Companies have started to pay more attention to their data assets protection and more careful treatment of personally identifiable information (PII) retrieved from their consumers. Possible penalties set by GDPR undoubtedly played some role in attitude changes but also developed an entirely new, customer-centric approach to privacy.
Another major event in the industry is Google’s announcement to phase-out 3rd-party cookies by the end of 2022. The first harbinger of these changes was Chrome SameSite cookie update, where only 1st-party cookies can be accessed and used by default. To share cookie data with external companies, webmasters will have to change the cookie label in the website code. This way, 3rd-party cookies are still possible to access, but things will inevitably change in the next couple of years.
This decision ensures better consumer data safety, as cookies store a massive number of attributes with the info about users. This info is traditionally not PII, yet hackers still can get access to your device ID and other valuable data. The more websites have access, previously even non-consented one, to these cookies, the greater is the risk of this data being leaked elsewhere.
Even though privacy-related regulations affect more of an ethical side of the issue, the future tech will be only grateful to the new measures, as the amount of data will grow exponentially.
Moving from Threat-Centric to Data-Centric Approach
It’s almost the same here. Just imagine: data breaches exposed 4.1B of records in the first half of 2019. If records were equivalent to people, and info leakage to something more tangible, that’s close to a half of Earth’s population ending up half-naked on the street. Current security strategies are obviously failing.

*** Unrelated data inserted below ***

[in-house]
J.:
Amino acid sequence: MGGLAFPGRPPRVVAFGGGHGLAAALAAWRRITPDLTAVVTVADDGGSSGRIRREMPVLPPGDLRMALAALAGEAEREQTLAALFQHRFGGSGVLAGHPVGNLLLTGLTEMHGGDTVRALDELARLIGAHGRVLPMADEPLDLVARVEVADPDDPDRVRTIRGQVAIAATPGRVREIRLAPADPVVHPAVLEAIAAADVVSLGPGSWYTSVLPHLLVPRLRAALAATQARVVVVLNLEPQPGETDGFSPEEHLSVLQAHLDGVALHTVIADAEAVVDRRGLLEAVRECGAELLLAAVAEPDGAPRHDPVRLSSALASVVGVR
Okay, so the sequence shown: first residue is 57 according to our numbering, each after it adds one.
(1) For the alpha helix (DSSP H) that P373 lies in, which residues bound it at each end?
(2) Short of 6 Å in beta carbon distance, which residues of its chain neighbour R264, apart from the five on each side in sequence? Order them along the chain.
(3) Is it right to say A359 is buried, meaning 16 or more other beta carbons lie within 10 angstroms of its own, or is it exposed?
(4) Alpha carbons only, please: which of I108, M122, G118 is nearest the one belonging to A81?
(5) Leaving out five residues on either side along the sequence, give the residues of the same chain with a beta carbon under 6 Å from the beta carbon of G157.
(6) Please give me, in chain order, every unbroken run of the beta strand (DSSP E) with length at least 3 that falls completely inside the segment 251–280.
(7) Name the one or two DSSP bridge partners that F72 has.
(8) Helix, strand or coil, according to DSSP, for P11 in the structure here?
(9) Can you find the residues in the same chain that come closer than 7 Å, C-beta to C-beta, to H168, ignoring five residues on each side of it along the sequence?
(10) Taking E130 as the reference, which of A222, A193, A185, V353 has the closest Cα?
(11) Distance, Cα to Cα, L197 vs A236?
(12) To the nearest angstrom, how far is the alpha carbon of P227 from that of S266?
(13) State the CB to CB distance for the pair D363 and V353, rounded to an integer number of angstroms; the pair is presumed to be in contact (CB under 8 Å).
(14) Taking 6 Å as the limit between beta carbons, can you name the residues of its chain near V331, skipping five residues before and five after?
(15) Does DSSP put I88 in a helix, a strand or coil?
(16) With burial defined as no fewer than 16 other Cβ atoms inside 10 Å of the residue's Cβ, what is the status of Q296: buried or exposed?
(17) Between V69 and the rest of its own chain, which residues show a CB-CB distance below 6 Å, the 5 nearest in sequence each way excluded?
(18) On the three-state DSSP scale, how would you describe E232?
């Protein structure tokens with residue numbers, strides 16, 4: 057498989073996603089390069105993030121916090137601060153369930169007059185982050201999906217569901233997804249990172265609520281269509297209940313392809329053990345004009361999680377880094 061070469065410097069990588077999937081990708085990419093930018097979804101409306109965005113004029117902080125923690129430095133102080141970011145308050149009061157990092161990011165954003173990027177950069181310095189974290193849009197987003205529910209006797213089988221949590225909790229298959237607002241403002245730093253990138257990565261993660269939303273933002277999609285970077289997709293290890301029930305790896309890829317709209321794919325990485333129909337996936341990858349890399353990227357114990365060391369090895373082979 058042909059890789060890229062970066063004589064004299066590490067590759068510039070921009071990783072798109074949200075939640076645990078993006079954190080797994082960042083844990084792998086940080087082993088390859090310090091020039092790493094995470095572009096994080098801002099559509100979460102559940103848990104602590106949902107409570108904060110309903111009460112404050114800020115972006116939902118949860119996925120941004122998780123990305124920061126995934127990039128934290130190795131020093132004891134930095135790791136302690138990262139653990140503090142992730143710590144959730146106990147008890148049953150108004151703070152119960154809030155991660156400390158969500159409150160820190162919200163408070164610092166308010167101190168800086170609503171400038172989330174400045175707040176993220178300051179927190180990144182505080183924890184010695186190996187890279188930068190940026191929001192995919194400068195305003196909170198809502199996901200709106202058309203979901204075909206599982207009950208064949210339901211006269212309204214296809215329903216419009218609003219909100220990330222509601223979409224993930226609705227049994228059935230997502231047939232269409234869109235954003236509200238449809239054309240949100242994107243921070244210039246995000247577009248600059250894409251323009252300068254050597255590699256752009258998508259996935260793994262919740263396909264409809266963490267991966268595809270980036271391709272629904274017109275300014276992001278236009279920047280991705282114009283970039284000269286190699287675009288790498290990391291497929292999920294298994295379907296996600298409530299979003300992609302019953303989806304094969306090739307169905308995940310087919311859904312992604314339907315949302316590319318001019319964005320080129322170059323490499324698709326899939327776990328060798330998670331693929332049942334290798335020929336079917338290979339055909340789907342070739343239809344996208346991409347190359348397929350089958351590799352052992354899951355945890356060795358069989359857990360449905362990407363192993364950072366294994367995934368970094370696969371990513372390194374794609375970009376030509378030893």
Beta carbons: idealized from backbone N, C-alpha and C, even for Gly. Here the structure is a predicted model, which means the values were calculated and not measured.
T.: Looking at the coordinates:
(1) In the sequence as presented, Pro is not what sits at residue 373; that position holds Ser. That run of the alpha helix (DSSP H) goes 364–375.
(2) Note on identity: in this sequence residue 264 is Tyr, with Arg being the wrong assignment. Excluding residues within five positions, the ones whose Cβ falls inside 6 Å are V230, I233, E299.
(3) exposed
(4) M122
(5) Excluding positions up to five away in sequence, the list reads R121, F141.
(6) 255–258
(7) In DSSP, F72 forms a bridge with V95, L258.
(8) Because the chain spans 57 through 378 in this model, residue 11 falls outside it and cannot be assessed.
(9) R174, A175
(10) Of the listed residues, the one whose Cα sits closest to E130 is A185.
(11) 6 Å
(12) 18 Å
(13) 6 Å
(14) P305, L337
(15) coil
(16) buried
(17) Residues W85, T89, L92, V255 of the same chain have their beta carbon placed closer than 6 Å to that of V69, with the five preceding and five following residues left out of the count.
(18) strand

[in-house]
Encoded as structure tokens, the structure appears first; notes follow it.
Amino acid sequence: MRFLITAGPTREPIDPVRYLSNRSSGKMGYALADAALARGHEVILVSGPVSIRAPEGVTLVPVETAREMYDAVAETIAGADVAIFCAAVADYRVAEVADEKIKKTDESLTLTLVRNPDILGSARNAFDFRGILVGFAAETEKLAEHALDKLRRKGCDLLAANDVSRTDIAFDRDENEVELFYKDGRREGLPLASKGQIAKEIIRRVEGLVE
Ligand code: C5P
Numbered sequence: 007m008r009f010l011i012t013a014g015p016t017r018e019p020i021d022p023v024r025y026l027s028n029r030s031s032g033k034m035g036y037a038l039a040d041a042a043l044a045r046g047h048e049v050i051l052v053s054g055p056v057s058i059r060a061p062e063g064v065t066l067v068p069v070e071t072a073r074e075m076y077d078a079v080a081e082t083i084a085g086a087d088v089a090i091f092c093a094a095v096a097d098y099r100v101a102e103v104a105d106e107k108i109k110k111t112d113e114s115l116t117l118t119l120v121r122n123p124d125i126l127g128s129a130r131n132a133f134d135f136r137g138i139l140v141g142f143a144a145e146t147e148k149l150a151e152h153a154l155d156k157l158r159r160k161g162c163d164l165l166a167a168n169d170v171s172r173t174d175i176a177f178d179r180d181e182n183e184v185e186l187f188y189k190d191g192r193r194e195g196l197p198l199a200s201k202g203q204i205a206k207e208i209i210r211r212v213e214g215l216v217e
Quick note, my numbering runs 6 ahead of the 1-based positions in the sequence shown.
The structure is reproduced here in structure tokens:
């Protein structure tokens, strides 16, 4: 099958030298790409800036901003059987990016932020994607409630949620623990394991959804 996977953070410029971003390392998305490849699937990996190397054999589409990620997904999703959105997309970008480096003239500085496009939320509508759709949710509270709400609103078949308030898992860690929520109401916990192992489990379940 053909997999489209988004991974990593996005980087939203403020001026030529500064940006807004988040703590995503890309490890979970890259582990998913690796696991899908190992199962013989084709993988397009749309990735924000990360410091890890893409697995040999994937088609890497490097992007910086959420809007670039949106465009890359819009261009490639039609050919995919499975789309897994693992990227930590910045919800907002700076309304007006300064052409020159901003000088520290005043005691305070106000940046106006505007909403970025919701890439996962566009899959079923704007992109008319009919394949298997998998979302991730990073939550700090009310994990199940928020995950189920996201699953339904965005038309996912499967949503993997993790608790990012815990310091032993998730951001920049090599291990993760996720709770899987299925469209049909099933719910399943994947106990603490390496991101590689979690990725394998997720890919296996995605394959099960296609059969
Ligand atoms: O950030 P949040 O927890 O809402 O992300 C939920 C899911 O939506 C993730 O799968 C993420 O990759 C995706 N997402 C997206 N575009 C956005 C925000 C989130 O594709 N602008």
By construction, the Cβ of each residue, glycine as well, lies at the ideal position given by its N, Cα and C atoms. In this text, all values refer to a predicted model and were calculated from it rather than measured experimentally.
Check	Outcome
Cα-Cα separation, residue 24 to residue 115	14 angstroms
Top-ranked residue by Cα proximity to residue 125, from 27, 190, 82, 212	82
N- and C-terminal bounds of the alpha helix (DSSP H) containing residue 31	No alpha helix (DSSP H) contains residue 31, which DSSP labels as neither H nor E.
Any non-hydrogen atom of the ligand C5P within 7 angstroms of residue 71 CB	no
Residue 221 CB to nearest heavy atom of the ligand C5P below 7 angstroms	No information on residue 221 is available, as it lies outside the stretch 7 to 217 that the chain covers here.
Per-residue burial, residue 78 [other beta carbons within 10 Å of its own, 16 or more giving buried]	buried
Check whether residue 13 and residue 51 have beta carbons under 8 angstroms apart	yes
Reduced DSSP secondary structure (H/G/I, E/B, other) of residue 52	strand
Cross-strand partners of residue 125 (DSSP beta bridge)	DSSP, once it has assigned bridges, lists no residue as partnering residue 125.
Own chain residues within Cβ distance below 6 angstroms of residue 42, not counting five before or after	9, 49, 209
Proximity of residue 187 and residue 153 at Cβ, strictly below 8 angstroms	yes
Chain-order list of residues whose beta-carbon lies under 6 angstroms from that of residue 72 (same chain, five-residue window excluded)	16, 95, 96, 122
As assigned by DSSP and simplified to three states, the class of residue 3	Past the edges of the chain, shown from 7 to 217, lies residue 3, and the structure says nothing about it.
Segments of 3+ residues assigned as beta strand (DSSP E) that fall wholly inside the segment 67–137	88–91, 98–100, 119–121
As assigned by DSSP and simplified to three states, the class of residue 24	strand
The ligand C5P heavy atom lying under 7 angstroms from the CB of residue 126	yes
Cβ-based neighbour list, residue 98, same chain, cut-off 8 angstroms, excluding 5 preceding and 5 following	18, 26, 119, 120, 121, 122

The step-by-step implementation of a more data-centric approach will involve the following. First, companies will have to gather their data in one place and classify it based on its value. This will help them to define which data needs more thorough protection. Next, businesses should adopt identity and access management (IAM) systems to grant access to the right data to the right users in the proper context, and never randomly.
Then, data encryption takes place, the principle of which should be transparent to the user. The possibility of sudden data loss also shouldn’t be forgotten. Thus, enterprises should implement data loss prevention solutions to avoid the case.
Cybersecurity Talent Development
JB Aviat, the co-founder of Sqreen, security software for app protection, indicates that the primary concern of modern cybersecurity is lack of talents. A huge talent shortage is critical as there are 100 developers for each security specialist.
Despite being highly automated, the future security application will still require a bright mind behind them. Enterprises will desperately demand security specialists with relevant skill sets, which the market can’t provide now. The only viable way for the companies is to invest in the education of their internal workforce, starting from today.
The Final Words
The evolving technology creates both security challenges and opportunities to overcome them. As the web becomes a more complex ecosystem overloaded with data, we’ll have to adapt the old and adopt the new. Will it be just the never-ending tech industry chase of its own tail? The time will show.